In a more general sense, the membership of the SS and the numbers of people volunteering also suggest that collaboration of this type was due to ideology as the members were not required to do so.

One of the main aspects of Nazi ideology which encouraged collaboration in Denmark was the intense ideas of anti-communism. In June 1941, after Operation Barbarossa, the German authorities demanded that all Danish communists were arrested, and the Danish government assisted by allowing this and providing the secret register which helped them to locate and then arrest 339 people. Of these, 246, including the three communist members of the Danish parliament, were imprisoned in the Horserød camp, in violation of the Danish constitution. On 22 August 1941, the Danish parliament passed the Communist Law, outlawing the communist party and communist activities, in another violation of the Danish constitution. On 25 November 1941, Denmark joined the Anti-Comintern Pact.

The case of Vichy France, led by Philippe Pétain, provides the best example of an instance where the collaboration was largely founded on ideology, and evolved as a result of shared views with the Nazis. Even before France in the 1930’s, there had been a long history of anti-semitism in their country, and so the mode of collaboration that was adopted by Vichy was not a policy that was imposed on them, but rather one that originated in France itself. Robert Paxton argues “incontrovertibly that Vichy had its own anti-Semitic propaganda”, such as the popular, weekly anti-Semitic newspaper, ‘Gringoire. ’ Given the history of anti-Semitism in Europe, Vichy France then expanded these ideas with xenophobic rhetorics, particularly in the 1920s, when “a combination of the demographic deficit and economic growth had given France one of the largest rates of immigration in the world. ” This then led to increasing displays of ethnic hatred, and increasing displays of xenophobia, in which citizens accused the foreigners of taking French jobs and ruining the economy. Ideas such as these were circulated in newspapers like ‘Gringoire’ which had a readership of nearly 650,000, by the end of the 1930s. The popularity of anti-Semitism in France demonstrates one of the ways which Vichy ideology was compatible with the Nazis, and thus made collaboration easier.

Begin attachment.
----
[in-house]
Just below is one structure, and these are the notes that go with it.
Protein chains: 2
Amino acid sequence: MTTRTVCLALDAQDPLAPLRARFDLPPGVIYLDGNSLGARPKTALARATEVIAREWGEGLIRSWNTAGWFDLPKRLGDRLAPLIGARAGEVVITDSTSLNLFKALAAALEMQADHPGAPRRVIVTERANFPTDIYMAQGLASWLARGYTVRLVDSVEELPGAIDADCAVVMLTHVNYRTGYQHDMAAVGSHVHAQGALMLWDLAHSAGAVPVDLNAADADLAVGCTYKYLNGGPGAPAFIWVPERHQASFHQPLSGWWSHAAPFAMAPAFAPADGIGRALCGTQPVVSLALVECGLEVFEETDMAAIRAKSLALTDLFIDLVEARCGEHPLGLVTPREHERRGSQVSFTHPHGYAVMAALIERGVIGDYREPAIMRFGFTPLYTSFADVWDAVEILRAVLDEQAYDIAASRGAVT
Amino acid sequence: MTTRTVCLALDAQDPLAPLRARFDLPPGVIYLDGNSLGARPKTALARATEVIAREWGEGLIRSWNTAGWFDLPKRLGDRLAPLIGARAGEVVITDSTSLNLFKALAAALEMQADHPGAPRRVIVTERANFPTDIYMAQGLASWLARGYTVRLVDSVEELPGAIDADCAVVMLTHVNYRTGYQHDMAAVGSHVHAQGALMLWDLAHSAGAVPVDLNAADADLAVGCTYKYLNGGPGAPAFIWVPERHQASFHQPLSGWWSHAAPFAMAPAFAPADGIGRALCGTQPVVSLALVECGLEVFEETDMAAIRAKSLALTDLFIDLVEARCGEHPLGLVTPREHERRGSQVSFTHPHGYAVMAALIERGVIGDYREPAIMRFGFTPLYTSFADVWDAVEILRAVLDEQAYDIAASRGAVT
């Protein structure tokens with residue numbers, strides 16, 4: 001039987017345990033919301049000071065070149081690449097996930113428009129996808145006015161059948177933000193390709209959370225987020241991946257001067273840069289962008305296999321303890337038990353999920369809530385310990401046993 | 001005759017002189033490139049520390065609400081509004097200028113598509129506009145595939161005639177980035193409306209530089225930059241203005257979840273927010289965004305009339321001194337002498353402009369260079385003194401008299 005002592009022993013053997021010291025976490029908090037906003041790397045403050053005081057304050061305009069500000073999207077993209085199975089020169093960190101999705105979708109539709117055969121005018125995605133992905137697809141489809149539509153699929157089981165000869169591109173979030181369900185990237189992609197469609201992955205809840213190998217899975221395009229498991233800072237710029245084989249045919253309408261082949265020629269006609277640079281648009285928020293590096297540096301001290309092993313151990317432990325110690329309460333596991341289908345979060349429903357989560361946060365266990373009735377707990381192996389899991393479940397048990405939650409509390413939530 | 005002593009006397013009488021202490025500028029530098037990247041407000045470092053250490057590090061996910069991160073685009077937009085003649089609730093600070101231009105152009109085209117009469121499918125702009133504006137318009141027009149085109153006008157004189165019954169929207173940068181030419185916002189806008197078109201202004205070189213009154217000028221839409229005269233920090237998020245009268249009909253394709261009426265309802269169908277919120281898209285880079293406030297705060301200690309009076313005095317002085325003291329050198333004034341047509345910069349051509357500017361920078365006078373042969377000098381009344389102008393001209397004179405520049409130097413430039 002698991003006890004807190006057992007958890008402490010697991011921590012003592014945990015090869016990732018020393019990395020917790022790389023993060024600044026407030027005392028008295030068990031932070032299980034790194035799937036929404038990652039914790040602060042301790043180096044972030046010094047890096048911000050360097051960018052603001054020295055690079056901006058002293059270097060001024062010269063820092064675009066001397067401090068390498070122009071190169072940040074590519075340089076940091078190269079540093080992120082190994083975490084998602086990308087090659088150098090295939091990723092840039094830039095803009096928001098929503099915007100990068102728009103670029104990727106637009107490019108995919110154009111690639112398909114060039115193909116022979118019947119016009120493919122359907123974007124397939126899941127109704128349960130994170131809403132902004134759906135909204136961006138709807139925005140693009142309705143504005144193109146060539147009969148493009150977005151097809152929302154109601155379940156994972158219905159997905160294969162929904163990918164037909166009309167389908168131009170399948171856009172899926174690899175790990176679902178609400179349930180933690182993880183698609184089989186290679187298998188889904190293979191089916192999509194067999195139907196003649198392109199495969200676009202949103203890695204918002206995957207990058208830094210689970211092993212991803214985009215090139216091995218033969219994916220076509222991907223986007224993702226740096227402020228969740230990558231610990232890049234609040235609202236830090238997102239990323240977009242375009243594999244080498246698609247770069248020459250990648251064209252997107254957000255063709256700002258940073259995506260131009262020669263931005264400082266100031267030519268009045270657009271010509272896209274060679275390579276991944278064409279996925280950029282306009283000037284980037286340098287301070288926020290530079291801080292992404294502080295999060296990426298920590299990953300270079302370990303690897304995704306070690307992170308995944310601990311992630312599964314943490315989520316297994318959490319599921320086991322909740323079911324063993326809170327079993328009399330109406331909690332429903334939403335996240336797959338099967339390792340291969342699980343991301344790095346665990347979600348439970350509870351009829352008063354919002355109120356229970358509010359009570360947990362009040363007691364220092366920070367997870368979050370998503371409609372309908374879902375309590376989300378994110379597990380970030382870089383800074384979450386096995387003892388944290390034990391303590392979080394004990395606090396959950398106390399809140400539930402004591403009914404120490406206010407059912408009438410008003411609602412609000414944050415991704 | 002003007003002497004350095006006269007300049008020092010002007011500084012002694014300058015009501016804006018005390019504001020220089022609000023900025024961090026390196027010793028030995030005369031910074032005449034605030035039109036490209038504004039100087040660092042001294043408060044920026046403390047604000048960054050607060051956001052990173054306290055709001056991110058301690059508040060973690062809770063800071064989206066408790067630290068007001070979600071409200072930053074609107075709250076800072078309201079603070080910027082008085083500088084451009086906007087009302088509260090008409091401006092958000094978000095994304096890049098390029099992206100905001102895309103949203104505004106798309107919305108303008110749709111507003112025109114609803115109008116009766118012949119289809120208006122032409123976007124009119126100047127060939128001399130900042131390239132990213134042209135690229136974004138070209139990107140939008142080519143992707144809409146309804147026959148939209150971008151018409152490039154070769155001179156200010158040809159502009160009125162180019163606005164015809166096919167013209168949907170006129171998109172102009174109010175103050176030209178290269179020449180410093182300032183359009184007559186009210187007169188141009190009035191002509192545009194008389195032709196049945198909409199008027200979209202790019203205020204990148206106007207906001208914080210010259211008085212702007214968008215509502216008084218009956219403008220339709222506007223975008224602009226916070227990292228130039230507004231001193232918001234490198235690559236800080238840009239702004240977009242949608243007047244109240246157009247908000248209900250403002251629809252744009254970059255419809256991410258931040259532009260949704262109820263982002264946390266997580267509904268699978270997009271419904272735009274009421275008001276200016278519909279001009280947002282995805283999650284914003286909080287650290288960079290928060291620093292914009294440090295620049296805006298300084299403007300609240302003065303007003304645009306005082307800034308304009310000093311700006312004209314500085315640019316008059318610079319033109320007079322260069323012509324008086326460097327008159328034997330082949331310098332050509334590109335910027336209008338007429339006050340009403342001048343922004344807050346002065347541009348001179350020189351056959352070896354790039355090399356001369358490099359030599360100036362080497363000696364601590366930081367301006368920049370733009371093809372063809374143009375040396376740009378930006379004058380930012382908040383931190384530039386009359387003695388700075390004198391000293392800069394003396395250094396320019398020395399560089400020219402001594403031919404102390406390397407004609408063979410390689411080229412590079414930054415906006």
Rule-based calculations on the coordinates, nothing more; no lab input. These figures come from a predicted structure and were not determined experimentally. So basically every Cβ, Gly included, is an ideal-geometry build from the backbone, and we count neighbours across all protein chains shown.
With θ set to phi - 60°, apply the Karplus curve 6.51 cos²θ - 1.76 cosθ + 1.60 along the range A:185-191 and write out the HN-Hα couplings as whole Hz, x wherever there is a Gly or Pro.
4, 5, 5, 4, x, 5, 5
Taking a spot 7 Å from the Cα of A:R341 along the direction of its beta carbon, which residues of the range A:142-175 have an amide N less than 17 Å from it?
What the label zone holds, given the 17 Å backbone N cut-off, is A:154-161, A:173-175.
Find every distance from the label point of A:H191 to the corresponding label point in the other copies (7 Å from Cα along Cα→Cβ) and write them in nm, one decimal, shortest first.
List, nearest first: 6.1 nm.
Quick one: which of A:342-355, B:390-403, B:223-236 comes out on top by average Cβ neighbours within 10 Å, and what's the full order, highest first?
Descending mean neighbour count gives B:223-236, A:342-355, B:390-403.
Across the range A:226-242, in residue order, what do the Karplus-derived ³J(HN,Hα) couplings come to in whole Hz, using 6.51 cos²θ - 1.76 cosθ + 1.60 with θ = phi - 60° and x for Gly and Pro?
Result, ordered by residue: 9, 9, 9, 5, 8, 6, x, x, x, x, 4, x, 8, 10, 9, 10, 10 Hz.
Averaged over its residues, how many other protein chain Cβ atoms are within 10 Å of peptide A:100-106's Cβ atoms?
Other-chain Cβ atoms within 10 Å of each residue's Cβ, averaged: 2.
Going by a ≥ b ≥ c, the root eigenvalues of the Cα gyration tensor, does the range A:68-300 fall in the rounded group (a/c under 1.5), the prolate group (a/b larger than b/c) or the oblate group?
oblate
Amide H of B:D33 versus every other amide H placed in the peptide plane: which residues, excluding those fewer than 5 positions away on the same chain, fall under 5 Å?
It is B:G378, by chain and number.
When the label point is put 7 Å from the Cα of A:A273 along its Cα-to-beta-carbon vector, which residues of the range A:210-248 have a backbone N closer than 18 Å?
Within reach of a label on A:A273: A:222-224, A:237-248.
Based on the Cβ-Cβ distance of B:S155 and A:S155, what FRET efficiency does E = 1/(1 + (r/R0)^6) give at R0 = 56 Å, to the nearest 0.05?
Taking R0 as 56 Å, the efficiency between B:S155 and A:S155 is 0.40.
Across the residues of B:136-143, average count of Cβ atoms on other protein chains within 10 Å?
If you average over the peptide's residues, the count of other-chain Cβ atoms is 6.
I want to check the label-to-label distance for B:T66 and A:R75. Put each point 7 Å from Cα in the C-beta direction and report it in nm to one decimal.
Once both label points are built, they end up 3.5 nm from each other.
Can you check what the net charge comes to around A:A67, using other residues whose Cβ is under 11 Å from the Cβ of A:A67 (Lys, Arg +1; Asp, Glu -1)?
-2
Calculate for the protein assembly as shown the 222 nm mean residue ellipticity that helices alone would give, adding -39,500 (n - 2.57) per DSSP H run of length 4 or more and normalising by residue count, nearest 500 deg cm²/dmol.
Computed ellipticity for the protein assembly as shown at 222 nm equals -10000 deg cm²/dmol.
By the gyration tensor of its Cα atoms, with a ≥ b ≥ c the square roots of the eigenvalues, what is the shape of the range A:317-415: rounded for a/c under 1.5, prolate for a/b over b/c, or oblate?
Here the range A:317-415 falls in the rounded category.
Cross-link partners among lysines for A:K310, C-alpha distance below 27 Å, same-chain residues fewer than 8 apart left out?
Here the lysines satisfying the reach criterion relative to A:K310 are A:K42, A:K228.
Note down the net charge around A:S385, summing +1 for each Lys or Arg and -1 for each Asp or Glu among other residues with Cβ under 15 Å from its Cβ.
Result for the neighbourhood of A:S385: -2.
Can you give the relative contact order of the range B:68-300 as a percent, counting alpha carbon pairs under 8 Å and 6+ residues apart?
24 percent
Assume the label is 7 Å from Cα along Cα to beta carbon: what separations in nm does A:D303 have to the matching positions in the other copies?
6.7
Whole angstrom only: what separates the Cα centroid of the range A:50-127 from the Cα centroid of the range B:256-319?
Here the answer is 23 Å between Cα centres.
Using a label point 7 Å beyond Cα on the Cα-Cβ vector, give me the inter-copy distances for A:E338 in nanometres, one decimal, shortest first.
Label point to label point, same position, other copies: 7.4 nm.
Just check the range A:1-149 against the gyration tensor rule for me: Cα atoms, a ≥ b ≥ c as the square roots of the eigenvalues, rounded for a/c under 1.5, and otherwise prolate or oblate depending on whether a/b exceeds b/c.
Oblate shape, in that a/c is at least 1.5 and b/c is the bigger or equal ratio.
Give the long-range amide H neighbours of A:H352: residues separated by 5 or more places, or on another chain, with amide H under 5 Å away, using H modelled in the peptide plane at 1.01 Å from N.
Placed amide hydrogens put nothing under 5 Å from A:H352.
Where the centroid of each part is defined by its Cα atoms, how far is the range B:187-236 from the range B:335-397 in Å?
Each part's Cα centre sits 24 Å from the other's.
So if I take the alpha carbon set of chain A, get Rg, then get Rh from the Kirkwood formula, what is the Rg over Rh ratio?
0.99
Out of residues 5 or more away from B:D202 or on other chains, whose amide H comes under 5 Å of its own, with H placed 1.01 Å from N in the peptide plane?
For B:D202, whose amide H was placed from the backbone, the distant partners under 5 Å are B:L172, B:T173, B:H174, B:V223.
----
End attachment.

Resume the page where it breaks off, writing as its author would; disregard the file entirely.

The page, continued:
An example of this is that the French police participated in arrests and round-ups and other Vichy actions saw them collaborating with the Nazis perhaps in unintentional ways. For instance, the July 1941 Jewish census that Vichy had called for made it much easier for Jewish people to be located and sent it death camps. In August 1932 there was a law passed which limited the numbers of foreigners in certain professions and these laws were “passed independently of German pressure. ” This action taken was likely due to a shared ideology of the status of Jewish people rather than a shared ideology of the Nazi party as a whole which partially accounts for why the French collaborated with the Nazis. When examining the extent to which collaboration was a matter of ideology, it is crucial to emphasise that this depends on the country that was being occupied, as the history of the country and its own ideology plays a large role in determining the extent to which they collaborate. In the case of Vichy, it could even be that collaboration in terms of anti-semtiism went beyond having similar ideology to the Nazis, and instead became due to the self interests of France. </p>

10 October 2020